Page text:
Washington, D.C. – NOAA issued the three-month U.S. Spring Outlook today, stating that odds favor above-average temperatures across much of the continental United States, including drought-stricken areas of Texas, the Southwest and the Great Plains.
Spring promises little drought relief for most of these areas, as well as Florida, with below- average spring precipitation favored there. Meanwhile, river flooding is likely to be worse than last year across the country, with the most significant flood potential in North Dakota.
Nashville, TN – Theover-came a two goal deficit to beat the Dallas Stars 5-4 at the Bridgestone Arena in front of another sold-out crowd. It was Roman Josi who scored his second goal of the night just seconds into the extra period for the win.
The winner helped the Nashville Predators end a two-game losing streak as the Predators played their 10th overtime game of the season.
Written by Alan Buis
Pasadena, CA – An area of the Amazon rainforest twice the size of California continues to suffer from the effects of a megadrought that began in 2005, finds a new NASA-led study.
These results, together with observed recurrences of droughts every few years and associated damage to the forests in southern and western Amazonia in the past decade, suggest these rainforests may be showing the first signs of potential large-scale degradation due to climate change.
Written by Agriculture Secretary Tom Vilsack
Washington, D.C. – Over the course of 2012, farm families and rural communities faced a number of challenges. A record drought impacted much of the country and many were impacted by a major hurricane, flooding and severe storms. However, thanks to the resilience of rural Americans, our communities are still going strong.
Over the course of this year, USDA continued our record efforts to help folks across our nation, and I am proud of the work we carried out.
Written by Dauna Coulter
Washington, D.C. – For 1200 years, the Maya dominated Central America. At their peak around 900 A.D., Maya cities teemed with more than 2,000 people per square mile — comparable to modern Los Angeles County.
Even in rural areas the Maya numbered 200 to 400 people per square mile. But suddenly, all was quiet. And the profound silence testified to one of the greatest demographic disasters in human prehistory — the demise of the once vibrant Maya society.
Tennessee Department of Agriculture reports Summer Drought did not decimate Tennessee’s Christmas Tree Crop
Nashville, TN – Most customers who visit local Christmas tree farms in the coming weeks won’t notice, but growers without irrigation this summer saw significant losses in seedlings planted over the 2011-12 fall and winter.
According to Kyle Holmberg, marketing specialist with the Tennessee Department of Agriculture, some growers reported new seedling losses up to 80 percent. Losses of mature trees ran between 10 and 20 percent in areas subjected to significant drought combined with excessive heat.
Golden Pond, KY – Enjoy fall–take a drive through Land Between The Lakes (LBL) National Recreation Area. Revel in the cooler days, changing seasons, and autumn colors of your National Forest. Visitors interested in viewing fall colors can drive the public access roads that meander through LBL.
People can also hike, bike, ride on horseback, or ride ATVs on hundreds of miles of designated trails. «Read the rest of this article»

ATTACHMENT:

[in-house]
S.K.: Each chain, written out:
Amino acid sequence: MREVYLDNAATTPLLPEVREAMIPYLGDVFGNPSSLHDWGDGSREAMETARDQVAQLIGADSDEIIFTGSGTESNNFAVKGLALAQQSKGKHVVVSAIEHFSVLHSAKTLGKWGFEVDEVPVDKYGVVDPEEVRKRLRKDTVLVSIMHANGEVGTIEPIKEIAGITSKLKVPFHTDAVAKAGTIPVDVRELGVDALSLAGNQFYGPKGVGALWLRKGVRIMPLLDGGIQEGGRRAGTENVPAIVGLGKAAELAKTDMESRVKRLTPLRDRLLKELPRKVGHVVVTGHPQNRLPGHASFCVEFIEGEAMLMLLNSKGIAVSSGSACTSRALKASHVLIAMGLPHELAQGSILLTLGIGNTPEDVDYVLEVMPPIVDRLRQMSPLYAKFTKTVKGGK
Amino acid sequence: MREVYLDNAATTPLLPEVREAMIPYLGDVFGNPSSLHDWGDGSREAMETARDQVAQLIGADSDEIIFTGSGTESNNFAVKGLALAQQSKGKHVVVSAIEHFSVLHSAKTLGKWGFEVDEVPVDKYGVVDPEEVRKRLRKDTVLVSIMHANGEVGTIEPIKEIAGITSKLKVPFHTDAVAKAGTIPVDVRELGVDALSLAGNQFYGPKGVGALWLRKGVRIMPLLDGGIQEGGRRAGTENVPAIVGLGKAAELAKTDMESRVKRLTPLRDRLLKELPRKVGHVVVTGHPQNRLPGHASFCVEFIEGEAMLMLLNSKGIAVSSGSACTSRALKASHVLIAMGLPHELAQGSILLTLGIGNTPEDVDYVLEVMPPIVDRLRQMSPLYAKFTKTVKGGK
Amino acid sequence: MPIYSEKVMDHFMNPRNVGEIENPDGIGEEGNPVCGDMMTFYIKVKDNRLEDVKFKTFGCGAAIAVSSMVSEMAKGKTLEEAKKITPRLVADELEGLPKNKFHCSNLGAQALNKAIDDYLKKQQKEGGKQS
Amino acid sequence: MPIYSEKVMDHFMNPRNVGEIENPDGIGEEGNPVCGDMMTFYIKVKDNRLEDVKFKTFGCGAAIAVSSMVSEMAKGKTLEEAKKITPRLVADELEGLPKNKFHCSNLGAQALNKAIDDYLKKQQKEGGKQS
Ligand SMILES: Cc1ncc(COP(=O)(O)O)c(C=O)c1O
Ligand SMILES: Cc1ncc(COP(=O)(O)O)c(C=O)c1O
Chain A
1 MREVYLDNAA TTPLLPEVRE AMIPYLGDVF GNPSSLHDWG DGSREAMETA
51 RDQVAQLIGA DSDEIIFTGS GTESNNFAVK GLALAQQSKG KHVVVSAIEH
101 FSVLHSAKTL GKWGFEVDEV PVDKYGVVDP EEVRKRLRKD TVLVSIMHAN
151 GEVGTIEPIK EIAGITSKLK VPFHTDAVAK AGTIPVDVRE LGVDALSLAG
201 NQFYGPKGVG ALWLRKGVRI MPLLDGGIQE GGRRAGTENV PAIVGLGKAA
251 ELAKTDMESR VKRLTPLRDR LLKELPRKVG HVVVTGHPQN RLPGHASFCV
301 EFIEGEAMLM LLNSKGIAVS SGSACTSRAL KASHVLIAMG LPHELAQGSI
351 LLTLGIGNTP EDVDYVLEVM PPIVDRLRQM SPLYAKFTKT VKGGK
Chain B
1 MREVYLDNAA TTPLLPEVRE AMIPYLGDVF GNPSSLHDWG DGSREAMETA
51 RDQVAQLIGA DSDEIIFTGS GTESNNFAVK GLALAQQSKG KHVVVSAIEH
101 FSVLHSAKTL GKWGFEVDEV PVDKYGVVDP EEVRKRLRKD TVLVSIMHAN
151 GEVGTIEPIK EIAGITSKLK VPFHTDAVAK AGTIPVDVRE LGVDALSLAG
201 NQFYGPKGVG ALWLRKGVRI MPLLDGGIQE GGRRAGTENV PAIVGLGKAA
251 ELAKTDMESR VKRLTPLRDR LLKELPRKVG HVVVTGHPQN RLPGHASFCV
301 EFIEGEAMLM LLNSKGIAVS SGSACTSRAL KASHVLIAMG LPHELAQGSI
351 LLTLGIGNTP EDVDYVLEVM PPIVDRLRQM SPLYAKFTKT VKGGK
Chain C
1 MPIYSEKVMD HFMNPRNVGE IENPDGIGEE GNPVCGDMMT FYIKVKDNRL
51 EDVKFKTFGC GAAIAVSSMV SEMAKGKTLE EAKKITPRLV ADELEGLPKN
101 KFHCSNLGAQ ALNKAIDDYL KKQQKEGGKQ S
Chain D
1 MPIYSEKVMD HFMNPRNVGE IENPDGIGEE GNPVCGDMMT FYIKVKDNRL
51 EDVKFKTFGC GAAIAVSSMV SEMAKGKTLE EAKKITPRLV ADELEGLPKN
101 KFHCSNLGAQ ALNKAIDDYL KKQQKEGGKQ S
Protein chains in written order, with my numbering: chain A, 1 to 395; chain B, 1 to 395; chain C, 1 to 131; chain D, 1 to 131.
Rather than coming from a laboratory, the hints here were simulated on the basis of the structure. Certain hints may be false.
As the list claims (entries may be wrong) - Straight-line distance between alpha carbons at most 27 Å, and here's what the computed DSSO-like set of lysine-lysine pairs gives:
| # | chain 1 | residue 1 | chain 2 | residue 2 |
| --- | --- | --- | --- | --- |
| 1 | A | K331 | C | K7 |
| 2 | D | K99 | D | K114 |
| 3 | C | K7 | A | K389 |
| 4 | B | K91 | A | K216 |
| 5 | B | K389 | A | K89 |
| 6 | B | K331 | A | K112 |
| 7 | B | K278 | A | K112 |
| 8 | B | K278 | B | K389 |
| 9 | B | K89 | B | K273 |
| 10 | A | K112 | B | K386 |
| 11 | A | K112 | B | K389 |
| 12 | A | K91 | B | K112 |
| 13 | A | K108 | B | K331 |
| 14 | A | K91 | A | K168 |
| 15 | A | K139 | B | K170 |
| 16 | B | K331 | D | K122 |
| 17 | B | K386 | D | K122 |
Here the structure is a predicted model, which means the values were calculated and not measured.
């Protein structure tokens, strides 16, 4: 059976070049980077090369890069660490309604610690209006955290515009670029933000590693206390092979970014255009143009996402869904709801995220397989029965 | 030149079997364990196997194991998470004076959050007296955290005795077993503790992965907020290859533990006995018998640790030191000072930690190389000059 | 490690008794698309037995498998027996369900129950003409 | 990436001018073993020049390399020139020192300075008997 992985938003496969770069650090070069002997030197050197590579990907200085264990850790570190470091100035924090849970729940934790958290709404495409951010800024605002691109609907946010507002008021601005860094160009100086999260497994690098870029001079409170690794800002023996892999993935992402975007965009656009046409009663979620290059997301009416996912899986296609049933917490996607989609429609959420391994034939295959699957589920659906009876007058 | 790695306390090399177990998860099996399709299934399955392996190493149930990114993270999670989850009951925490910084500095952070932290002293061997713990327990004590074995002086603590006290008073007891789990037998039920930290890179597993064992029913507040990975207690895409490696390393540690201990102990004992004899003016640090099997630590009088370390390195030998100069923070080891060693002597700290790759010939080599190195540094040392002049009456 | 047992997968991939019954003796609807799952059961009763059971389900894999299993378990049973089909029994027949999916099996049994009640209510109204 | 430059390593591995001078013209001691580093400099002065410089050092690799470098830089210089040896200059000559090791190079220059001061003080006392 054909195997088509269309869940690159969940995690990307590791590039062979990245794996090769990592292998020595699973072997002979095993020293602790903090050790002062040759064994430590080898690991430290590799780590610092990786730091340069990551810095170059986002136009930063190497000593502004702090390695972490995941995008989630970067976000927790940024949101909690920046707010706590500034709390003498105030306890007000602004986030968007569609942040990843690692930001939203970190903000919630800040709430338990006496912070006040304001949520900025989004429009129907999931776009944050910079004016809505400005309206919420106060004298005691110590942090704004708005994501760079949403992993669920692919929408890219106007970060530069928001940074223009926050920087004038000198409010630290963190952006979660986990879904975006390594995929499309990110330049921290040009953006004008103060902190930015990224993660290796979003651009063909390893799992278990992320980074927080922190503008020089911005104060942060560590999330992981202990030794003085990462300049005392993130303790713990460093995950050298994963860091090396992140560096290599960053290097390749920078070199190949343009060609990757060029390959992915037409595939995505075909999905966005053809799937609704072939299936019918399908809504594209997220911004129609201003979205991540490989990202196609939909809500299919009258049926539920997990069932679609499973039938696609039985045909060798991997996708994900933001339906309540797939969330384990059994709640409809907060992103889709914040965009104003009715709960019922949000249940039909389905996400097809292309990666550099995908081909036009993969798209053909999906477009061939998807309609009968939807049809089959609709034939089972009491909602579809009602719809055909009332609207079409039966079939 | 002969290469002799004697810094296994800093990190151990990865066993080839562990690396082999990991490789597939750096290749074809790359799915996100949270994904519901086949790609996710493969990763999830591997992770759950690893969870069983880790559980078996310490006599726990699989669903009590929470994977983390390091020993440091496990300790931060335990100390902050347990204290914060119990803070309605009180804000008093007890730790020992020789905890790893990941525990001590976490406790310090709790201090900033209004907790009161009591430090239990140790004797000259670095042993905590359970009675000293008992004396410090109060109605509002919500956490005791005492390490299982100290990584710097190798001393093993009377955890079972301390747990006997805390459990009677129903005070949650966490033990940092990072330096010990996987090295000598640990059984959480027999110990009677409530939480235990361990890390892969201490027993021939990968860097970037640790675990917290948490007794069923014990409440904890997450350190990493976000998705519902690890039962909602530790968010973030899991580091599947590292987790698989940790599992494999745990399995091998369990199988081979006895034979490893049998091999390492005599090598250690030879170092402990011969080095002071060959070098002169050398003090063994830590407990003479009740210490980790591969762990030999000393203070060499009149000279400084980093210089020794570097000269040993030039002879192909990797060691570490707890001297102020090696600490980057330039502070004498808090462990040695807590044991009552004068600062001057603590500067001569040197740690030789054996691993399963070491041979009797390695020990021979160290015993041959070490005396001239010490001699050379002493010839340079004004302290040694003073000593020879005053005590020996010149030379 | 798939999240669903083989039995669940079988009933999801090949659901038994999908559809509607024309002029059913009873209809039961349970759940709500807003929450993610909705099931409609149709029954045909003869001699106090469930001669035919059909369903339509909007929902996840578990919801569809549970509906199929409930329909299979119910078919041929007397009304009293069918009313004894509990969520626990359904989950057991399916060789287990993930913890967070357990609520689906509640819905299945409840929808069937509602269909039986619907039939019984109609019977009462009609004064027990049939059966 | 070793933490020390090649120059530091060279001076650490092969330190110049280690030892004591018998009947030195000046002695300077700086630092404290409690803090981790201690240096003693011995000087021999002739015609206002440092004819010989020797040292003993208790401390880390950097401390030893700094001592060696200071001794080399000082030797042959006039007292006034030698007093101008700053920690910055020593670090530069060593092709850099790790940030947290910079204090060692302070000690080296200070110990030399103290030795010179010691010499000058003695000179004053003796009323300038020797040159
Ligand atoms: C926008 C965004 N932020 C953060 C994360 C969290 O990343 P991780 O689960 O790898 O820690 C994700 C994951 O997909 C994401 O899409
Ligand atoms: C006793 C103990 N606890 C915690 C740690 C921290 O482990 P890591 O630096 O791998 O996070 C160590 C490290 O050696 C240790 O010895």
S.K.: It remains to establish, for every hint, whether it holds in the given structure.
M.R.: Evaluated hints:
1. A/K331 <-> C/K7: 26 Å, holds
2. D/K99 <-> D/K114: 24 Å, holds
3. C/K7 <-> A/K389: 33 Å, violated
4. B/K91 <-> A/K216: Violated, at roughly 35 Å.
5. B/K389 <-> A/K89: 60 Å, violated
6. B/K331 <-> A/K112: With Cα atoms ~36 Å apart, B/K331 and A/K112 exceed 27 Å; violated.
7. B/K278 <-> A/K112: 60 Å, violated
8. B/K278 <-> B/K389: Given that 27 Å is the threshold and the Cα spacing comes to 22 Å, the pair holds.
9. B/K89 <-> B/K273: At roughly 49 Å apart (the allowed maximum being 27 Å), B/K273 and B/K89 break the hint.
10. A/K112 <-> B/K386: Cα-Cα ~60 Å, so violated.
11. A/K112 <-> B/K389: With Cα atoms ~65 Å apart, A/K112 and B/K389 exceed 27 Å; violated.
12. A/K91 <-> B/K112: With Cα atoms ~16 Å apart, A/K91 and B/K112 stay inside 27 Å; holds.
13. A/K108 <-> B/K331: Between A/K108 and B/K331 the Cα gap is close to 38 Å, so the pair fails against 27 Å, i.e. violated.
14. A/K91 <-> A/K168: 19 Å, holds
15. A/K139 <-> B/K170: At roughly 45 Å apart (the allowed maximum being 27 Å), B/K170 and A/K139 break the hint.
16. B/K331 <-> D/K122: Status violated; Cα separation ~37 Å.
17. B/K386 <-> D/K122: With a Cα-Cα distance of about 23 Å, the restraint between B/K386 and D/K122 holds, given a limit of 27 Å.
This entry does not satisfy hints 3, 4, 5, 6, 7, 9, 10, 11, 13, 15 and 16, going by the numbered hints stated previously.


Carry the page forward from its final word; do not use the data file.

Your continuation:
Internal Revenue Service announces that Drought-Stricken Farmers and Ranchers have more Time to Replace Livestock
43 States, Including Tennessee, Affected
Washington, D.C. – Farmers and ranchers who previously were forced to sell livestock due to drought, like the drought currently affecting much of the nation, have an extended period of time in which to replace the livestock and defer tax on any gains from the forced sales, the Internal Revenue Service announced today.
Farmers and ranchers who, due to drought, sell more livestock than they normally would may defer tax on the extra gains from those sales. To qualify, the livestock generally must be replaced within a four-year period. The IRS is authorized to extend this period if the drought continues. «Read the rest of this article»
Washington, DC – The latest U.S. Drought Monitor, dated August 14th, indicates that some drought-affected areas of the United States have begun to turn the corner with respect to the historic drought of 2012.
During the seven-day period ending August 14th, conterminous U.S. drought coverage fell to 61.8%, down from a July 24th peak of 63.9%. Continental U.S. coverage of extreme to exceptional drought (D3 to D4), the two worst drought categories, dipped to 23.7%, less than one-half of a percentage point below last week’s peak.
Agriculture Secretary Vilsack Delivers Targeted Financial and Technical Assistance to Drought-Stricken Producers and Landowners in 19 States
Nashville, TN – Agriculture Secretary Tom Vilsack today announced that USDA will target nearly $16 million in financial and technical assistance to help eligible crop and livestock producers in 19 states cope with adverse impacts of the historic drought gripping the nation.
“President Barack Obama and I continue to work across the federal government to provide relief for those farmers and ranchers who are affected by the severe drought conditions impacting many states across our nation,” Vilsack said. “This additional assistance builds on a number of steps USDA has taken over the past few weeks to provide resources and flexibility in our existing programs to help producers endure these serious hardships.” «Read the rest of this article»
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